Inflation rose to four per cent in the year to December 2023, a surprise increase from 3.9 per cent in November, according to the Office for National Statistics. This is the first rise since February 2023, and comes above market forecasts of 3.8 per cent.
Inflation rise: Blip, bump or bomb?
The majority of industry insiders believe that the rise in inflation is temporary and that it is likely to continue to fluctuate over the next year, rather than continue on the ascent.
Justin Moy, managing director at EHF Mortgages, said: “The inflation [increase] looks to be a blip given the isolated product lines that have caused this small rise, so it’s not a disaster.”
Peter Stamford, mortgage expert at The Mortgage Uni, agreed: “Inflation’s recent uptick appears to be a minor blip, not derailing the trend of mortgage rate cuts.”
However, Austyn Johnson, founder at Mortgages For Actors, was more circumspect in his response, noting that brokers and borrowers alike need to keep a watchful eye on swap rates.
He said: “If swap rates remain unchanged… the increase won’t make much difference. If this makes swap rates rise though, we could see a wave of lenders raising rates again and then a bumpy up/down road ahead. Stability in the market is key, and any bumpiness will just cause issues.”
Mortgage rates stable
Given the consensus that the inflation rise is likely to be a bump in the road, the majority of brokers feel that mortgage rates, which are currently on a downward trajectory, should keep falling, but at a slower pace.
Marcus Wright, managing director at Bolton Business Finance, said: “A tiny 0.1 per cent increase in the CPI inflation figure for December is unlikely to change the downward pressure on mortgage rates. We are seeing more customers enquiry about variable rate commercial mortgages, as they are expecting rates to come down in the next one to two years.”
Richard Thompson, director at Abbeydale Mortgages, concurred with that view.
He said: “I believe that despite the rise in inflation, the trend of decreasing interest rates on mortgages is likely to persist. Lenders are currently engaged in a price war, demonstrating a strong desire to still lend.”
Matt Smith, Rightmove’s mortgage expert, noted that the overall picture was still ‘positive’ but that lenders could potentially pause for breath.
He said: “I’d expect swap rates to rise a little in reaction to today’s surprise inflation figures. Average rates had been falling pretty sharply, but this is likely this to slow as lenders take a more cautious approach over the next few weeks. The big picture is still positive for mortgage rates, with rates more stable and attractive for movers than a year ago.”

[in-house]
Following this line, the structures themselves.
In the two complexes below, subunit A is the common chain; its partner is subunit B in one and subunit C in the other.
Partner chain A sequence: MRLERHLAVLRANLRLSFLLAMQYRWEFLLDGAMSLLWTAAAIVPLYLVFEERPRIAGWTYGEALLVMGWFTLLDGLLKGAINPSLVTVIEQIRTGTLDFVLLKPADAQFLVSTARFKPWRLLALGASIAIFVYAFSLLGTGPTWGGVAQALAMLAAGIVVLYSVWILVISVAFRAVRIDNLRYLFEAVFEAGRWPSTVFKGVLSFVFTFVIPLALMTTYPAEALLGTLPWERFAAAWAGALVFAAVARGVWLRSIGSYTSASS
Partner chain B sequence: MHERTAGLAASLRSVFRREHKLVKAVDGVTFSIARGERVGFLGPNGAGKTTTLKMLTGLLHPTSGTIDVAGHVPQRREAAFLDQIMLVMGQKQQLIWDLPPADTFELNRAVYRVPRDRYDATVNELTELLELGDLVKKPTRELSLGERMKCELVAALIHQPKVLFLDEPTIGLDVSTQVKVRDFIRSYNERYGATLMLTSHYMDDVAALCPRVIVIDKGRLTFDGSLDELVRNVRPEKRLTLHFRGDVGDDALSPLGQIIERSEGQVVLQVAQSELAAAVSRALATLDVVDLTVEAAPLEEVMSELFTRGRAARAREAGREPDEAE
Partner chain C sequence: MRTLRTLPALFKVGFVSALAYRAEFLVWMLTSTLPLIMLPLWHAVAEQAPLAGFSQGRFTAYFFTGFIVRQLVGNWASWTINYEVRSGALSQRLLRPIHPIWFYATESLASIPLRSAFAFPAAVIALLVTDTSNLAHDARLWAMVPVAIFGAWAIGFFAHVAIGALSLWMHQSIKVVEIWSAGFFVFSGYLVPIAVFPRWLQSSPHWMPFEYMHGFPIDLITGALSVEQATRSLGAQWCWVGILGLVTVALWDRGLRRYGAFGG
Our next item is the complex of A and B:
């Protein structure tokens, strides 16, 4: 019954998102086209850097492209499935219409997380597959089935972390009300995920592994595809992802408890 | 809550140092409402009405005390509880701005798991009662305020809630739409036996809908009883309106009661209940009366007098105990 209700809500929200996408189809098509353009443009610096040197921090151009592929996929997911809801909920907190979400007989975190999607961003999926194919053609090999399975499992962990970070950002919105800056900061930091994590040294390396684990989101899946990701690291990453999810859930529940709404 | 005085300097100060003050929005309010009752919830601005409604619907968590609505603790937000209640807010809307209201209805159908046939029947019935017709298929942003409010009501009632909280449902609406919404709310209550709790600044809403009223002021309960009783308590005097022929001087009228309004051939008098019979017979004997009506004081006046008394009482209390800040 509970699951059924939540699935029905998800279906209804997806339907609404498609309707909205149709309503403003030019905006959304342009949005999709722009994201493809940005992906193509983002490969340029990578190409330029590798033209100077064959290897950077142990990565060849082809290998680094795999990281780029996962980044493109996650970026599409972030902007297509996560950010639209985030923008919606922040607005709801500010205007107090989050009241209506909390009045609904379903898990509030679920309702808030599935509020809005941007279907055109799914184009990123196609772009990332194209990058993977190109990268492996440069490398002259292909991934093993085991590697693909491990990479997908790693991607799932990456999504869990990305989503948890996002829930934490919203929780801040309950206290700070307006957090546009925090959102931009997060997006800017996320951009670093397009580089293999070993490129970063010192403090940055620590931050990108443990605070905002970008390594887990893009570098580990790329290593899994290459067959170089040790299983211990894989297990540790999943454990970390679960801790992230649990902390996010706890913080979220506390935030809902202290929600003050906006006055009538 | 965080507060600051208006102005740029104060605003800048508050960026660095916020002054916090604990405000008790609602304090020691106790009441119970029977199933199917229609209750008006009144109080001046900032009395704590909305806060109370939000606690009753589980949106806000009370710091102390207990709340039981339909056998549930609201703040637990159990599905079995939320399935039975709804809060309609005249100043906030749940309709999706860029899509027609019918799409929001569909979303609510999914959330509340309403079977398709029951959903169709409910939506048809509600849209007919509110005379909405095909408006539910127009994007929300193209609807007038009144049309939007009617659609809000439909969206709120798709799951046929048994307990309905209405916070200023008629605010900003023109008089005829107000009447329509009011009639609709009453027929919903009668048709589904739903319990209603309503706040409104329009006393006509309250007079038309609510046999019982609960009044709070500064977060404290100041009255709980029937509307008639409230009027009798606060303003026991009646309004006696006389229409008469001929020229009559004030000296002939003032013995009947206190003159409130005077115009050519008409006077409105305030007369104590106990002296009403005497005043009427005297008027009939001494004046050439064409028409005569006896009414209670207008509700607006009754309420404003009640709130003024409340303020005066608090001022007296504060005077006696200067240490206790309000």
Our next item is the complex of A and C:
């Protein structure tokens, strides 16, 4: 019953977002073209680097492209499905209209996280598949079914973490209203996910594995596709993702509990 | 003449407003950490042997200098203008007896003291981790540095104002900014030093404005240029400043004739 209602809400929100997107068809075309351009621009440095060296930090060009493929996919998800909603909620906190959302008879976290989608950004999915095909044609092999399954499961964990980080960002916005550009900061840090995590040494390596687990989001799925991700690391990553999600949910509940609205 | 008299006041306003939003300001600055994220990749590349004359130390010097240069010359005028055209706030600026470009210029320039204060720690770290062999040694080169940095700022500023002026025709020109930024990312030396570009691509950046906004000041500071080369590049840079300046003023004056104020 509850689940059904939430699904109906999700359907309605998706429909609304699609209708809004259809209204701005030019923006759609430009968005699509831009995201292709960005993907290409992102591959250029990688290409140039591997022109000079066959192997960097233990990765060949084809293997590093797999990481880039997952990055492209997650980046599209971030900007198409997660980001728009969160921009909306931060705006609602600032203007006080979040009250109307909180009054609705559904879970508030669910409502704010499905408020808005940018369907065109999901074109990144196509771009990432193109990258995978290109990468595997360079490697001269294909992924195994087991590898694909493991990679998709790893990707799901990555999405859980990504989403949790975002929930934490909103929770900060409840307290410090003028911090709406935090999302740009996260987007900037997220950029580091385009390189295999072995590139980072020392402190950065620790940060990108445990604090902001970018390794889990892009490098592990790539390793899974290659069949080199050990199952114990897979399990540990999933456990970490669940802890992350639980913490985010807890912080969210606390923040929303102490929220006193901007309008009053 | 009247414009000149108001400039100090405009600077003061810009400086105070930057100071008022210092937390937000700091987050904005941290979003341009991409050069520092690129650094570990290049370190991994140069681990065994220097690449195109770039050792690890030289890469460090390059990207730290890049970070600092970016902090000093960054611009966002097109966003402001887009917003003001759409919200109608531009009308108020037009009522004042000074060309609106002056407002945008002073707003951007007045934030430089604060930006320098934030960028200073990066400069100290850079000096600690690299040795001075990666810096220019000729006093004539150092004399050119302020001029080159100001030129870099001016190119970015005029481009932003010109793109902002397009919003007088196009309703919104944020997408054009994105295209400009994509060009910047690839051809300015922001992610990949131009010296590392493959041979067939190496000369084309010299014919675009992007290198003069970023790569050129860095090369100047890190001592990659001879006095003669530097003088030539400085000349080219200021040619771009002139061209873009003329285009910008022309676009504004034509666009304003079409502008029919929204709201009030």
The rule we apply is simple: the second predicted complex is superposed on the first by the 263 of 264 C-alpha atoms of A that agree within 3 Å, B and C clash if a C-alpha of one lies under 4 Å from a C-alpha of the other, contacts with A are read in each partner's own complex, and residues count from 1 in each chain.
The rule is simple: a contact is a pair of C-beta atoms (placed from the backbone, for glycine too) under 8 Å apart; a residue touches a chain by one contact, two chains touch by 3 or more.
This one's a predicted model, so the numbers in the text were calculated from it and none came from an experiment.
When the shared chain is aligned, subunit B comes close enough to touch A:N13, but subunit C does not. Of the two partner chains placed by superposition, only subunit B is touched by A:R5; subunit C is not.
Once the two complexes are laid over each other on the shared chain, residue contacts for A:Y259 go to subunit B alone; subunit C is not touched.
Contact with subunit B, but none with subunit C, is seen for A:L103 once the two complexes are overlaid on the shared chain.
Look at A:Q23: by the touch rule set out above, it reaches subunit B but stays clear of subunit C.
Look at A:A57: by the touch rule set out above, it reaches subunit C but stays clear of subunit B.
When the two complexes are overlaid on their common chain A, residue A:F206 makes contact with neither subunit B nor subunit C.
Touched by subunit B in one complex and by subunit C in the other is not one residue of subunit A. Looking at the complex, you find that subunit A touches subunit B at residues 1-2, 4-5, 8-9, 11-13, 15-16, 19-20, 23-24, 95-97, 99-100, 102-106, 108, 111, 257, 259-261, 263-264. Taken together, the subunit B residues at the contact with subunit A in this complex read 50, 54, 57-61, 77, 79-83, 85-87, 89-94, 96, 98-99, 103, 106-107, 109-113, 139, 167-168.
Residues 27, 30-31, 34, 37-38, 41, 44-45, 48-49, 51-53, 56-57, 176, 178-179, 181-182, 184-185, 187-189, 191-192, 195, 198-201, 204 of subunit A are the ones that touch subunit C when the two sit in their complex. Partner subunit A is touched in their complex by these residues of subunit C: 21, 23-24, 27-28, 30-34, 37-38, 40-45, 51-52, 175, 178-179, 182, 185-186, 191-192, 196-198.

Base rate bounce?
Opinion was divided on what the rise would mean for the Bank of England (BoE) base rate, although a decrease now seems further off than ever, despite a number of investment banks and financial institutions predicting a fall as early as the spring.
Most commentators felt that the central bank would hold the base rate, despite the uplift to inflation; however, several were somewhat more pessimistic.
Gary Bush, financial adviser at MortgageShop.com, said: “This [rise] shouldn’t have any effect on the next BoE base rate meeting on 1 Feb. However, it does make our earlier prediction of the first base rate reduction at March’s meeting unlikely.”
Bob Singh, founder at Chess Mortgages, added: “The long-term expectation is that the falls will be gradual and hence enhances the likelihood of BoE holding rates at the next meeting.”
Yet, there were those who felt that this morning’s news may prompt the BoE to push rates up again in an attempt to keep inflation under control.
Amanda Aumonier, director of mortgage operations at Better.co.uk, continued: “This shock uptick in inflation could, in theory, prompt the BoE to raise interest rates in an effort to regain control. This possibility will raise concerns for anxious homeowners facing the unenviable challenge of securing a new mortgage deal this year.”
Luke Thompson, director at PAB Wealth Management, noted that the inflation figure, coupled with geopolitical tensions in the Middle East, could also move the BoE to shift the base rate upwards once more.
He said: “The BoE knows it can’t reduce rates unless they hit the two per cent inflation target and with the issues in the Gulf around shipping, this could have the potential to provide a nasty sting in the tail on those inflation numbers and mean the base rate needs to stay higher for longer.”